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New-York tribune. (New York [N.Y.]) 1866-1924, January 05, 1902, Image 18

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Long before the village of Flushing became a
part of greater New-York the Quaker qualntness
of Us early days bad all but faded away. The act
of Incorporation which made the village lose Its
official Identity nearly completed the wiping out
process. Yet the fact that Quakerism obtained Its
first foothold among the English refugees who
came from Holland to found the place touches the
earlier traditions of Flushing with primness.
The old Quaker meeting house still stands in
Broadway, and is much the same as It was when
built, early in 1700. Meetings are still held there,
and the service differs only slightly from that
■which comforted the early Quakers when they met
at night In the Long Island forest or gathered by
Mealth in the house of a Friend. All these precau
tions were necessary, that the news of their
"doings" might not reach the cruel Dutch Gov
ernor of New-Amsterdam.
Slowly but surely the Quaker element Is falling
r>ehind. and the few that remain are rapidly losing
their distinctiveness by adopting the manners and
<lress of to-day. Still, it is possible to find genuine
©ldtime Friends in Flushing. If one can break
through the barriers of dignity and reserve with
•which these few have surrounded themselves the
result is well worth while. To be received by on«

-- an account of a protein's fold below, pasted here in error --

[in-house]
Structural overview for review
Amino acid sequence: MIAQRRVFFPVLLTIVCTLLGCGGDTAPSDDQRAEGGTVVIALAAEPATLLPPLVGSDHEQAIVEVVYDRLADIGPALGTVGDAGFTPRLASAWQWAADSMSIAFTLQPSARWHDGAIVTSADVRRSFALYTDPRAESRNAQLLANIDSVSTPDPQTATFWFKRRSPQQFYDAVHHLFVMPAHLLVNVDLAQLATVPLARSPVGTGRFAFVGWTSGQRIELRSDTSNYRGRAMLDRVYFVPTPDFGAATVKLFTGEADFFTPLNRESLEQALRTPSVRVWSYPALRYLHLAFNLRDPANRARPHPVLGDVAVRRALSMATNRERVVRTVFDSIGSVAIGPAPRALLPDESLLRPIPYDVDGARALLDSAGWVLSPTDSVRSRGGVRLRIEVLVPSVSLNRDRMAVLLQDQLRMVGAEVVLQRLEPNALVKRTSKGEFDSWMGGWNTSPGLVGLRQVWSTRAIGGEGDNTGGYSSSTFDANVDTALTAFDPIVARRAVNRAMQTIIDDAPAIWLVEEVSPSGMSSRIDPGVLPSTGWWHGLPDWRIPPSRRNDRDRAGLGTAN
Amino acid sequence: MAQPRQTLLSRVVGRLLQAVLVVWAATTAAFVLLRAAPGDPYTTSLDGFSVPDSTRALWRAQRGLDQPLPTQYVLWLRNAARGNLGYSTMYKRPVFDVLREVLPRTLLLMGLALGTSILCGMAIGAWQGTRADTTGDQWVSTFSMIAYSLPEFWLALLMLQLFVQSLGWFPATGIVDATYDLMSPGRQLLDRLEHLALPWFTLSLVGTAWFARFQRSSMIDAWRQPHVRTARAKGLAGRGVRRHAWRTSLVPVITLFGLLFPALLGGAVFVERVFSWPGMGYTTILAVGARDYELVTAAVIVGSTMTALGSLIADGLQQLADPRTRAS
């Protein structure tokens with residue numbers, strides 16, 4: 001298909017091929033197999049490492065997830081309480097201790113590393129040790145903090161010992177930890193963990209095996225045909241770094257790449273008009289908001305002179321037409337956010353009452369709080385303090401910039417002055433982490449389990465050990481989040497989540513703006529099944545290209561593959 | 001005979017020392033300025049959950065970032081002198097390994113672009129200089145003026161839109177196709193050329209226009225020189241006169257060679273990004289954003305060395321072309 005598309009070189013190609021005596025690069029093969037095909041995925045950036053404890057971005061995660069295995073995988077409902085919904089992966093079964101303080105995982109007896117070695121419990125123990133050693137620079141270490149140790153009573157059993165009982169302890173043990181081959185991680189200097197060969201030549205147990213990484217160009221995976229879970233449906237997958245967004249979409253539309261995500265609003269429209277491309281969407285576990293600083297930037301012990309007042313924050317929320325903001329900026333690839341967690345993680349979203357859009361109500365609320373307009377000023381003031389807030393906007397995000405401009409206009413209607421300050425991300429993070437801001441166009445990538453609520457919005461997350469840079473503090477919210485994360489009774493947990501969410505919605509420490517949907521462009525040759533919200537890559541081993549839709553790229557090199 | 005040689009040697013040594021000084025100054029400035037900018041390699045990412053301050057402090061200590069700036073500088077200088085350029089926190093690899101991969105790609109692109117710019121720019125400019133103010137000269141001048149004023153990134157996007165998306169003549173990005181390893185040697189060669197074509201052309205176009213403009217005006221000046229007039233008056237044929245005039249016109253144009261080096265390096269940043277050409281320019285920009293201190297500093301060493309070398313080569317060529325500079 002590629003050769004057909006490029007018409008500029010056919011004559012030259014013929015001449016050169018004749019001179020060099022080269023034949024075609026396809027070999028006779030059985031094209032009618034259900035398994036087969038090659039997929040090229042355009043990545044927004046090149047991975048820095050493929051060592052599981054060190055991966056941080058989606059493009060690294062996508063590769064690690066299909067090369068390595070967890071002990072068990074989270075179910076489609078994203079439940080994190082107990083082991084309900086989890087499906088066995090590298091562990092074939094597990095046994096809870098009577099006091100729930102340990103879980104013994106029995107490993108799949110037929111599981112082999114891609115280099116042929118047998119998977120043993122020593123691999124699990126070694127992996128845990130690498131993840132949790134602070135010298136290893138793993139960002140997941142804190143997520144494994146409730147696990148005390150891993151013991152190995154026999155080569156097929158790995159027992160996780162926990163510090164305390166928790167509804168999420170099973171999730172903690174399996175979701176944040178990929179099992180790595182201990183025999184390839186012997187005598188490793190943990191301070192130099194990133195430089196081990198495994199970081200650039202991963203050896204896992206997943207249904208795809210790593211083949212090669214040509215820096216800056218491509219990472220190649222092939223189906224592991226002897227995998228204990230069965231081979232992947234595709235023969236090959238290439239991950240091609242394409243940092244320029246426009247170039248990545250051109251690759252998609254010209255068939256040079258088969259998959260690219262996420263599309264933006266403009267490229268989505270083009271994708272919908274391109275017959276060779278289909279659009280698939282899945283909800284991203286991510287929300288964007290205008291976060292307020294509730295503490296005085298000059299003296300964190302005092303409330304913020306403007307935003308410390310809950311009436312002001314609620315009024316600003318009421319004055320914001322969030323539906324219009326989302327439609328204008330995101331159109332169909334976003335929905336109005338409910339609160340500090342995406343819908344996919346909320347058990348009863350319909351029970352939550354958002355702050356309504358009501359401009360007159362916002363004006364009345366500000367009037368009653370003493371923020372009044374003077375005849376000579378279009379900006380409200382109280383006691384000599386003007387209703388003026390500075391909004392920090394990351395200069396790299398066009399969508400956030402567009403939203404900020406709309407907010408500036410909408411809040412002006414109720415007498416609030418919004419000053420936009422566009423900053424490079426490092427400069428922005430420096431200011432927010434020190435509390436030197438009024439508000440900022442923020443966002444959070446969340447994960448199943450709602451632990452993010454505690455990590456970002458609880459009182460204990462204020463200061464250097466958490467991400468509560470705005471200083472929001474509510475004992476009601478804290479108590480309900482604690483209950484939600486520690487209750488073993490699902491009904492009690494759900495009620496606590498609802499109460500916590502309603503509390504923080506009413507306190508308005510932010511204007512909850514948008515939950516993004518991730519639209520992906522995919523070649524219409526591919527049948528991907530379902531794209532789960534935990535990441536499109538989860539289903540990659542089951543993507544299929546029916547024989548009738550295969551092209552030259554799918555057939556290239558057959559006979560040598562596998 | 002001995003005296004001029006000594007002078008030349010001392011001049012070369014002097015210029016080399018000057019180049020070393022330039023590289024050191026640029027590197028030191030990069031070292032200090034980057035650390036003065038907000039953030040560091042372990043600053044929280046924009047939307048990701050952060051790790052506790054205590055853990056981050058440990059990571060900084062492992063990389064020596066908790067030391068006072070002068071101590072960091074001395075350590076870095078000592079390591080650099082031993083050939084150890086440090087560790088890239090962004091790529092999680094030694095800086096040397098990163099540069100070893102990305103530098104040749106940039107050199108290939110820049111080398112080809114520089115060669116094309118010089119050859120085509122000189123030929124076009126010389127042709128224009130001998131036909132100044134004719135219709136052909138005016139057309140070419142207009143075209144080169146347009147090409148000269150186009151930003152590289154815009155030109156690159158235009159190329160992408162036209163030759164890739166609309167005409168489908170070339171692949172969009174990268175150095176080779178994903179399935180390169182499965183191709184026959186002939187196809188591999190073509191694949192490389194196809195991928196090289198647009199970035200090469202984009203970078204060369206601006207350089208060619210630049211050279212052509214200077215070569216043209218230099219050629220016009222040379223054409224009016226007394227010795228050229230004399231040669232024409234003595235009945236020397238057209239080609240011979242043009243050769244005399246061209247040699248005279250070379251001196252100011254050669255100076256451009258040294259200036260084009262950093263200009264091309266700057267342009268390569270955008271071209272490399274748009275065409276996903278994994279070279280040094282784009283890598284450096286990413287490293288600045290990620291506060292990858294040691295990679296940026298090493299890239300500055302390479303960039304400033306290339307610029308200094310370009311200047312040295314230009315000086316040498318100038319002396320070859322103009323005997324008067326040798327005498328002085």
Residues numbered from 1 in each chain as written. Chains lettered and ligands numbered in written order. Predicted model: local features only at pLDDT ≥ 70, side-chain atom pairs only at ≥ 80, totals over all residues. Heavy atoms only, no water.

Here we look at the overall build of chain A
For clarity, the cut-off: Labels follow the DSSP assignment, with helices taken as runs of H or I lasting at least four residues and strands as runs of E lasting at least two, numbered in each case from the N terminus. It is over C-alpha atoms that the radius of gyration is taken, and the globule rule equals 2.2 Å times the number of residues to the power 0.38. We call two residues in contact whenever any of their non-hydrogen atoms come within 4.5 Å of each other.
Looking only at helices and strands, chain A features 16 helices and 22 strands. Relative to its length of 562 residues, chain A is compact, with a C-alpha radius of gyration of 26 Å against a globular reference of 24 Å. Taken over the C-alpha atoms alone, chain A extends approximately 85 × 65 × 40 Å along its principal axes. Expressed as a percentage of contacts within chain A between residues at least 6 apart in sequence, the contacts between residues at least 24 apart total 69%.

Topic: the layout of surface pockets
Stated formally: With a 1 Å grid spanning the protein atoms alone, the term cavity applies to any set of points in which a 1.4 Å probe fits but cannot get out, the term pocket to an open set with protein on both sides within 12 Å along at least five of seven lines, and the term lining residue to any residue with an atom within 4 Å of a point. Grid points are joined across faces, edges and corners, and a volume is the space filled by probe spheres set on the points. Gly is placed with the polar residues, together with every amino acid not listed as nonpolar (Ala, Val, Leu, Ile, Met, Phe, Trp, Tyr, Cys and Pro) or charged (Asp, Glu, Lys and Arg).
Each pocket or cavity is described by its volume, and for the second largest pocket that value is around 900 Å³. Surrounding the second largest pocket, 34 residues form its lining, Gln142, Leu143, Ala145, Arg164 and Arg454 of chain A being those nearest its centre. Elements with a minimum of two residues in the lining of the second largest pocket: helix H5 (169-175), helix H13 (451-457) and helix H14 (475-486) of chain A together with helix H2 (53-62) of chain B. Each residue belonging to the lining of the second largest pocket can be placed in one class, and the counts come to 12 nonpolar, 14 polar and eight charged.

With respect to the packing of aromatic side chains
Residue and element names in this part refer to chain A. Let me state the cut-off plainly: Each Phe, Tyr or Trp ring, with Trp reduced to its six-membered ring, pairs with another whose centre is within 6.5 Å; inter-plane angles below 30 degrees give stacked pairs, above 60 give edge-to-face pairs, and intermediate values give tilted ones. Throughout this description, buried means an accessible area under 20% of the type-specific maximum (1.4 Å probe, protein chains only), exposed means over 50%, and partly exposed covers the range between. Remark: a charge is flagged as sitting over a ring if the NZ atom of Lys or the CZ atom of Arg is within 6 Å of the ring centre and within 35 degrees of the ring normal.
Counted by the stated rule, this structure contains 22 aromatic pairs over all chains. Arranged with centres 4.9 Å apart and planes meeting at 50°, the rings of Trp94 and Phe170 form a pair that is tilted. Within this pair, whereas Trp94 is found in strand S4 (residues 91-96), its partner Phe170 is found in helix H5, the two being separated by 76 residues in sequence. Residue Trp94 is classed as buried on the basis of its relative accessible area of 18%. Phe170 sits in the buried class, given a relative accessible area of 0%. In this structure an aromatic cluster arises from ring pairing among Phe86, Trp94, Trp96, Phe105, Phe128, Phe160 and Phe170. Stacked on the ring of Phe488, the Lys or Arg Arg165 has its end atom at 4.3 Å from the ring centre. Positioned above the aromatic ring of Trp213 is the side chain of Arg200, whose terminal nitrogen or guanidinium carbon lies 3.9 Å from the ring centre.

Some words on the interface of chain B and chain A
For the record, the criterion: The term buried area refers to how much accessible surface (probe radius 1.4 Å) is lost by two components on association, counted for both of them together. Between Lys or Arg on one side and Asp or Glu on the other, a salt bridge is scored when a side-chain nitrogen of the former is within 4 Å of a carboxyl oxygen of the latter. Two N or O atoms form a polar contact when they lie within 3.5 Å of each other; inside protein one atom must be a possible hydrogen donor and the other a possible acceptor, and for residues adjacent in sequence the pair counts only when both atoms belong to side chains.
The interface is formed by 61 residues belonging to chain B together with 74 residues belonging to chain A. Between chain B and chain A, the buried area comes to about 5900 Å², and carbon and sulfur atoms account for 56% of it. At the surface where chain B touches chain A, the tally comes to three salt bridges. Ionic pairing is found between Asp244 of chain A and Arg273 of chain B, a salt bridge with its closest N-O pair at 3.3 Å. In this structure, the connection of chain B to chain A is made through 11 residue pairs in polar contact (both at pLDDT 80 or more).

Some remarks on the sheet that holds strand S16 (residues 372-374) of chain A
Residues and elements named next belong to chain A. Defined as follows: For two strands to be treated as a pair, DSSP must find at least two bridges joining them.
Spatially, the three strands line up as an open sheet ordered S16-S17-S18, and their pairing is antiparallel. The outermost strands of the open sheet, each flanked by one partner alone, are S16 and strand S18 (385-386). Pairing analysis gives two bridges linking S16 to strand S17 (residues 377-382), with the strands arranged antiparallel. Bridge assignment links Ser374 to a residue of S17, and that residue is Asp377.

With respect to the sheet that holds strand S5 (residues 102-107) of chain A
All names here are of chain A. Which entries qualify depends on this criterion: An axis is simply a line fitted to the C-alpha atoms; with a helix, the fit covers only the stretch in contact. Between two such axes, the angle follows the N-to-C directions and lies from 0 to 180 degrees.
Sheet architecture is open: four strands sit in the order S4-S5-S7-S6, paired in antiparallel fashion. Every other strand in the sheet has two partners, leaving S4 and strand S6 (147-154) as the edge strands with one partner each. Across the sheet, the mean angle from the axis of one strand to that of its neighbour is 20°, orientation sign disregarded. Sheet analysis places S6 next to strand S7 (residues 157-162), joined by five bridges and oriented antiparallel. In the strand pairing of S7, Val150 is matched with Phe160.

of these old families, to converse with them, to
break bread at their plain tables, is like being
translated bodily into another ace and generation.
They are living in the past and of the past. They
treasure the traditions and manners of that by
pone age -with the greatest care, and they sorrow
at the curse of frivolity which has overcome S'»
many who once believed as they do.
The Quaker to whom the legend hunter had a
letter was not at home, having gone to the "wicked
city on affairs of crave importance."
"Thou art welcome to come In and warm thy
self.' said hi« wife , in soft voice, as she opened
the door of the old home still wider. "If there it.
anything 1 can tell thee which will serve thy need
thou hast but to command me."
The sitting room Into which the visitor was shown
■was dull and colorless, even to the "rag carpet"
■which covered the Boor. , The furniture was old
and in keeping with the agVljf the whole establish
ment. Tin- ahsence of books and newspapers was
striking. Here was a house at last Into which the
irrepressible historical novel had never pushed it-
Felf. A large Bible, badly worn, showed what they
A girl of eighteen or twenty sat by the fire In a
low chair and sewed on some garment which rho
was making out of gray cloth— the gray which the
Quakers love. She did not look up. though she was
a woman, and must have been curious about th
man who came In with her mother.
"This is our daughter. Priactlla." said she. In that
same quiet tone. "A stranger to see thy father "
she continued, turning to the girl. "Thou may
greet him."
Priscllla raised her head, which was greeting
*>nough for a king, for she was of uncommon
but 3:b ut3: - Then she aross and bowed primly, saving